Shanghai’s Covid lockdown has left thousands scrambling to stock up on supplies, while others quarantine in their offices to keep business running.
After weeks of isolated compound lockdowns, the city of 25 million has been split into two.
Earlier this week those living in Shanghai’s eastern half were told to stay home, with the western half due to enter a lockdown on Friday.
The move comes as the city battles a surge in Omicron Covid cases.
The city has reported around 20,000 Covid-19 infections since 1 March, registering more cases in four weeks than in the previous two years of the pandemic.
China’s zero-Covid strategy has been increasingly challenged by the highly infectious Omicron variant.
Officials in China’s cosmopolitan financial capital had earlier attempted to keep the city running by limiting lockdowns to select neighbourhoods or buildings.
But on Sunday authorities announced a mass lockdown that saw the city being split along the Huangpu River.
Residents living in the Pudong area, on the river’s eastern bank, were told to stay at home for four days starting on Monday. Puxi, on the western bank, will enter lockdown on Friday.
Mass testing is also being carried out to screen all of Shanghai’s residents for the virus.
Earlier this week, rumours circulating that authorities would bring forward Puxi’s lockdown by several days or prolong the city’s quarantine period reached a fever pitch, resulting in residents thronging supermarkets.
Authorities on Tuesday sought to quash the speculation with a statement calling it “pure rumours”.
But several residents living in western districts received notice on Tuesday from their housing committees that they would be stopped from leaving their compounds for the next seven days, reported Reuters.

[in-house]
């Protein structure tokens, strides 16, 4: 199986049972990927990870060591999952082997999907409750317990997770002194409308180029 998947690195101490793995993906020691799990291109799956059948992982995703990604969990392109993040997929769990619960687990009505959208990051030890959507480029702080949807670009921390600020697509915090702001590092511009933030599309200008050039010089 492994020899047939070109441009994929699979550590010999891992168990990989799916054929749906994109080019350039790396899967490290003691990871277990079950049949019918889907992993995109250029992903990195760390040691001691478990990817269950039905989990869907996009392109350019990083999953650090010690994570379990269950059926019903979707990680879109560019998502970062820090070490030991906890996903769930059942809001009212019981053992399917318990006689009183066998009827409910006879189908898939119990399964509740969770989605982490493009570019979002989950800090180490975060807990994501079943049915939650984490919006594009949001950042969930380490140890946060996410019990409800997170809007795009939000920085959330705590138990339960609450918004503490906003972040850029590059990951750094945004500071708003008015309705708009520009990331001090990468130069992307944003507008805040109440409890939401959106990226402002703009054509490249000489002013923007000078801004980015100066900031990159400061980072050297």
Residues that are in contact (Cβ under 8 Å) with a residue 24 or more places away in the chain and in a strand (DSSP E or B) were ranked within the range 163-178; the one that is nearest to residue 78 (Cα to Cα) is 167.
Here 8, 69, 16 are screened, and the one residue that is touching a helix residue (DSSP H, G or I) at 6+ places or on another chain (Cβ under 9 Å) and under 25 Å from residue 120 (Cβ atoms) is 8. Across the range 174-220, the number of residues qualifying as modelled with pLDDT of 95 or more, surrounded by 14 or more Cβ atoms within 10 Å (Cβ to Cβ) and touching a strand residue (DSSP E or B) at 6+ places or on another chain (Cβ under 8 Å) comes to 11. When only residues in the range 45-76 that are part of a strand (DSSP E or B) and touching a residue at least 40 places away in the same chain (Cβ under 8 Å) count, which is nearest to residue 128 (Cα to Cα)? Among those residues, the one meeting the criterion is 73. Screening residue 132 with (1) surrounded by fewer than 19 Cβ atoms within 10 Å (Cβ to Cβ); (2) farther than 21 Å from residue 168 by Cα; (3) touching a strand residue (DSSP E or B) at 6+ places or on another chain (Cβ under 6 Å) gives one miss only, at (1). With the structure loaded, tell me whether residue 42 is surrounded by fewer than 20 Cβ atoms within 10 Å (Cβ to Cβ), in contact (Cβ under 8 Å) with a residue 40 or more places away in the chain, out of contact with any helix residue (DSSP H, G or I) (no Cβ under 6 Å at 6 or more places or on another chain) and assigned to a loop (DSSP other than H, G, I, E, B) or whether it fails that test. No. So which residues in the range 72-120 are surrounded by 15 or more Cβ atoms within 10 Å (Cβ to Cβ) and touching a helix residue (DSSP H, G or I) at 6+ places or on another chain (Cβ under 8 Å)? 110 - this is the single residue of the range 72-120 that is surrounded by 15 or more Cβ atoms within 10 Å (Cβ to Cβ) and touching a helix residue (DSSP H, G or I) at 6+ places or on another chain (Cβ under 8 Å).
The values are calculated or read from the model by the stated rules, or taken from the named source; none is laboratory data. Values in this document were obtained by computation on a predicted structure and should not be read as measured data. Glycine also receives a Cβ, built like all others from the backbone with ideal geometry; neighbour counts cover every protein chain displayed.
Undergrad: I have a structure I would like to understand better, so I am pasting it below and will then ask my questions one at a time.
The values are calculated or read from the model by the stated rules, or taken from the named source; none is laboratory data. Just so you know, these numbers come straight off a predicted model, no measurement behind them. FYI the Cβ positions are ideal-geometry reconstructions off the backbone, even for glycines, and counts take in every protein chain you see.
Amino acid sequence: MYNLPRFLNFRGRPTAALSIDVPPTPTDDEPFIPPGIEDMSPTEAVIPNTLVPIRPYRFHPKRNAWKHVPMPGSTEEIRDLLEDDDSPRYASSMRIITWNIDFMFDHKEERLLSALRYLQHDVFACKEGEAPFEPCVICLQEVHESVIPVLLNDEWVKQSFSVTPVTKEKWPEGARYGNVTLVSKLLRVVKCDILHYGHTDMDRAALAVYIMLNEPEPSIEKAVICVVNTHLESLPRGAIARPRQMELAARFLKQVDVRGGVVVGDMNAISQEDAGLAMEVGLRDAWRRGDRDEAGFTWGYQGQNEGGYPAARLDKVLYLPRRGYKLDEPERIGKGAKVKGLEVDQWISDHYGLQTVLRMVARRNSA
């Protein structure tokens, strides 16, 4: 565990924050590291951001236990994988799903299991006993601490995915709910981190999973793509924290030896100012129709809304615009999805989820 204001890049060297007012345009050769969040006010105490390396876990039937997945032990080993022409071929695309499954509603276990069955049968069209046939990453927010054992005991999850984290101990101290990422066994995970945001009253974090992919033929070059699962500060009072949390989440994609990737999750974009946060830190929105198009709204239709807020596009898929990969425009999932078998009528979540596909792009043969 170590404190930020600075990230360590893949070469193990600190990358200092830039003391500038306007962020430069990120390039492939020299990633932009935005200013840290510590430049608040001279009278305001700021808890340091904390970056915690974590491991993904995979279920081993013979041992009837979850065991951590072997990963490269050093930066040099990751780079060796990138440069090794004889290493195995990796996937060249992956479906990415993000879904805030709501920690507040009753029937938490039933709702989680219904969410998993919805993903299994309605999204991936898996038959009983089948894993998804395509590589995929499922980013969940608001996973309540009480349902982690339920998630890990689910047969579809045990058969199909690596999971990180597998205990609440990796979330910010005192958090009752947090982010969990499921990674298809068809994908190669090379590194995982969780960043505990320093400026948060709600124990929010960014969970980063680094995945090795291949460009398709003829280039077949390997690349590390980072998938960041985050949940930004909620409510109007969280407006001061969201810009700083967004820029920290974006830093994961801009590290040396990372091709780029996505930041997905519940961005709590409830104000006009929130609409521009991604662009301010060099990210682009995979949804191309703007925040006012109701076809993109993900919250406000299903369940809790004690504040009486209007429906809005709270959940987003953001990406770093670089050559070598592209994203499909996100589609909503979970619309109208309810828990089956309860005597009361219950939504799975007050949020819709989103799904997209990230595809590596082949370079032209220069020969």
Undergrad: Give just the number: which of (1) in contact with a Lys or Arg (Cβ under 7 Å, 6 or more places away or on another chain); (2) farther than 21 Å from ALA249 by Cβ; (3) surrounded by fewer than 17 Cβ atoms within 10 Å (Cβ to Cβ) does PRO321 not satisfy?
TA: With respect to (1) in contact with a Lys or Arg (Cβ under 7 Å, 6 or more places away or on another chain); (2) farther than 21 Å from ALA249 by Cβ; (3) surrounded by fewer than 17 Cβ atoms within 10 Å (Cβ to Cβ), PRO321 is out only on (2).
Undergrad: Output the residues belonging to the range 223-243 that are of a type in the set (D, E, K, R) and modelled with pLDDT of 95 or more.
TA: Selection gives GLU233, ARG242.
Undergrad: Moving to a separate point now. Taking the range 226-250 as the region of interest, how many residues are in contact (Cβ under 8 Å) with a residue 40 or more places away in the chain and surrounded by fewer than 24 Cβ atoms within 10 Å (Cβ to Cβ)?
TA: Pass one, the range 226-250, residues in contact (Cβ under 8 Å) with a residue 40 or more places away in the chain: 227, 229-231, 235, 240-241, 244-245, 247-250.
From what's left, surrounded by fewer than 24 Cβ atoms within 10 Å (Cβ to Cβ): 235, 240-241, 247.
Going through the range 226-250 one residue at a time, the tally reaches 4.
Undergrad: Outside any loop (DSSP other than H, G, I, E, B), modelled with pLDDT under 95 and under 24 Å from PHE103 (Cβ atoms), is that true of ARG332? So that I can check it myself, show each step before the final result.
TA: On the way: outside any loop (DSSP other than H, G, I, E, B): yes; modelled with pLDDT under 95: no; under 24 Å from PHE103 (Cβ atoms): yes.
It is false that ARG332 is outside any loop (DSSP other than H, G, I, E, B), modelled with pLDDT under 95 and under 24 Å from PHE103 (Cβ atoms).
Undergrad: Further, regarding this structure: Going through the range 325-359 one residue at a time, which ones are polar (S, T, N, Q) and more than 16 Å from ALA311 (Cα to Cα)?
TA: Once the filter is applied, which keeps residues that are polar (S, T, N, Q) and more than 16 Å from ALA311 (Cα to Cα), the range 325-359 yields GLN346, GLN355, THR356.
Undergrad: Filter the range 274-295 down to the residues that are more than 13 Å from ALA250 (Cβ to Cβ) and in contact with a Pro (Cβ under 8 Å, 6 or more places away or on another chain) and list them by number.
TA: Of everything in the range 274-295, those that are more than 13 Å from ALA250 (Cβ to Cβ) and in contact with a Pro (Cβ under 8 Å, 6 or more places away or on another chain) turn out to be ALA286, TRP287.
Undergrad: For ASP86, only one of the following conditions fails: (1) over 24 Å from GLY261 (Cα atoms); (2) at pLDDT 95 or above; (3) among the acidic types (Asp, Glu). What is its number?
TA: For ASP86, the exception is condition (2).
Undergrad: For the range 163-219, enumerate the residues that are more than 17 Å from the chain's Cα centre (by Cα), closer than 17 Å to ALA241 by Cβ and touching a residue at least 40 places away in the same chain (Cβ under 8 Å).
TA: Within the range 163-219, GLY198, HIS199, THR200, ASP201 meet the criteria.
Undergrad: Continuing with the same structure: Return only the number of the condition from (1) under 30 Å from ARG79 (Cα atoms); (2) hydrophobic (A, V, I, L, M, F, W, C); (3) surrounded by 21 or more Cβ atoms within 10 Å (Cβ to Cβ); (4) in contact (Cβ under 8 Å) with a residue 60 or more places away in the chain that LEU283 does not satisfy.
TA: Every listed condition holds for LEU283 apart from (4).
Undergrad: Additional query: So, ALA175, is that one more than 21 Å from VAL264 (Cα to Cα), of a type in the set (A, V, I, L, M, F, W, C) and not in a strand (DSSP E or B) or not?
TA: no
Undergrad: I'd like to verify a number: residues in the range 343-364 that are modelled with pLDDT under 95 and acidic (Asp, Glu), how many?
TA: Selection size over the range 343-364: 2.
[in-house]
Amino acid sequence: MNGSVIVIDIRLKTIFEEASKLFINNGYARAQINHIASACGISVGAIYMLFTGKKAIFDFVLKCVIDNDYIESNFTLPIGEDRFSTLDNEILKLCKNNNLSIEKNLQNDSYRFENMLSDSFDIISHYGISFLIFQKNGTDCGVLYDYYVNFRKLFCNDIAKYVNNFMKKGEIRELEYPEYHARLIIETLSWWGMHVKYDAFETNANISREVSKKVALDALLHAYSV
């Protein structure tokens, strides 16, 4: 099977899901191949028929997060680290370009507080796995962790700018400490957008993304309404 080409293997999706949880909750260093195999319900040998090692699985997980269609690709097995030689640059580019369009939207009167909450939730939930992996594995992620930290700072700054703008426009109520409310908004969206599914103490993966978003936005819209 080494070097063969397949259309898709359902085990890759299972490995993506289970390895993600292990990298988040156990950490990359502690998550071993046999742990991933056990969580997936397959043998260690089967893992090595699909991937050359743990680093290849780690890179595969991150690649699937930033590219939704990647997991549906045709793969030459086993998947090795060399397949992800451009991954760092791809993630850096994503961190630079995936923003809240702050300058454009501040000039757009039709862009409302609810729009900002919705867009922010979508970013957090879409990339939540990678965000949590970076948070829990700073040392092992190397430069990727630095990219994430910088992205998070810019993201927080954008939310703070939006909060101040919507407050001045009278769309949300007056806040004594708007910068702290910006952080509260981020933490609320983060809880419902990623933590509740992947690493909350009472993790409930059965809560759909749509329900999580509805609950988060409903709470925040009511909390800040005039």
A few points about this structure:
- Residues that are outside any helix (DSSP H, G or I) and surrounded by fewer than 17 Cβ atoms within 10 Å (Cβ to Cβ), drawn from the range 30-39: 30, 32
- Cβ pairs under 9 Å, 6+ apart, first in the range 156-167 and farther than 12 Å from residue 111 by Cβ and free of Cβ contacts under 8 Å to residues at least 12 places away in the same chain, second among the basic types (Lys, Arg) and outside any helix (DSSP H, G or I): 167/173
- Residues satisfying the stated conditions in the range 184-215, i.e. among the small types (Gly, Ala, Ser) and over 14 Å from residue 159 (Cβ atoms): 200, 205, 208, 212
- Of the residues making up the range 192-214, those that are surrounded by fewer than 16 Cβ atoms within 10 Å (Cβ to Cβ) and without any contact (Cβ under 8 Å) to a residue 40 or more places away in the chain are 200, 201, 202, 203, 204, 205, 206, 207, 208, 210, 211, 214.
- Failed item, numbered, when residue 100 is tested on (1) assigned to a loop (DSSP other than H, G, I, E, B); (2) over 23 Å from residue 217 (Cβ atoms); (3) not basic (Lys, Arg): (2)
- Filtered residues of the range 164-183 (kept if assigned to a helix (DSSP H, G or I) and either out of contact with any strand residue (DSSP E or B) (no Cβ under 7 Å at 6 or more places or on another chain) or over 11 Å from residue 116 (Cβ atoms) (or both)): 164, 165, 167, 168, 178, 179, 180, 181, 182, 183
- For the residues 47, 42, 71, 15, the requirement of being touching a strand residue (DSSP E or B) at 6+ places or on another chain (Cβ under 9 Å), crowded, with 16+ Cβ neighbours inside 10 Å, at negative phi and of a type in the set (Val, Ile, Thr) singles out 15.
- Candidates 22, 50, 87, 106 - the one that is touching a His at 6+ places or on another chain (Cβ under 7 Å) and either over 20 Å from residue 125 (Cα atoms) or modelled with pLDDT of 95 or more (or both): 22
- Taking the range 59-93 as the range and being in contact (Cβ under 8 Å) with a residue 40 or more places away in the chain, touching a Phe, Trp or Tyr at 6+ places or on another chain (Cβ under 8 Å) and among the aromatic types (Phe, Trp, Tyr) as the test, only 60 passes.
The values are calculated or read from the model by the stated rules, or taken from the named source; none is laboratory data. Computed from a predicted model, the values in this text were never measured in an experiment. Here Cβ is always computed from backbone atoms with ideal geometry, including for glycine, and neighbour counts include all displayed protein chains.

What’s life like in divided Shanghai?
BBC staff in the city tell us more:
From Puxi: “On Monday, as I cycled through the central districts of Huangpu, Jing’an and Xuhui, the streets were packed with people stocking up on essentials. The queues I saw at supermarkets and wet markets stretched out the door and down the street with some only letting in a limited number of customers in at a time.
“At a busy wet market on a side street, a butcher pulled out a fresh slab of pork. Customers crowded around him pointing and calling out to get a cut.
“On Tuesday some of the same streets felt much quieter. Xintiandi, a key shopping area, was unusually quiet. Shops including Apple, Coach, and Starbucks were open, but had been deserted by customers.”
From Puxi: “My compound had already gone into lockdown a few weeks ago. Some neighbours fear losing jobs over long absence, some say they are suffering depression over long isolation.
“Our days are filled with chaotic Covid testing and hectic online shopping. I’ve set an alarm to wake up at 6am every day so that I can make an online order for fresh food, as sometimes orders get cancelled because items are out of stock or there aren’t any available delivery drivers.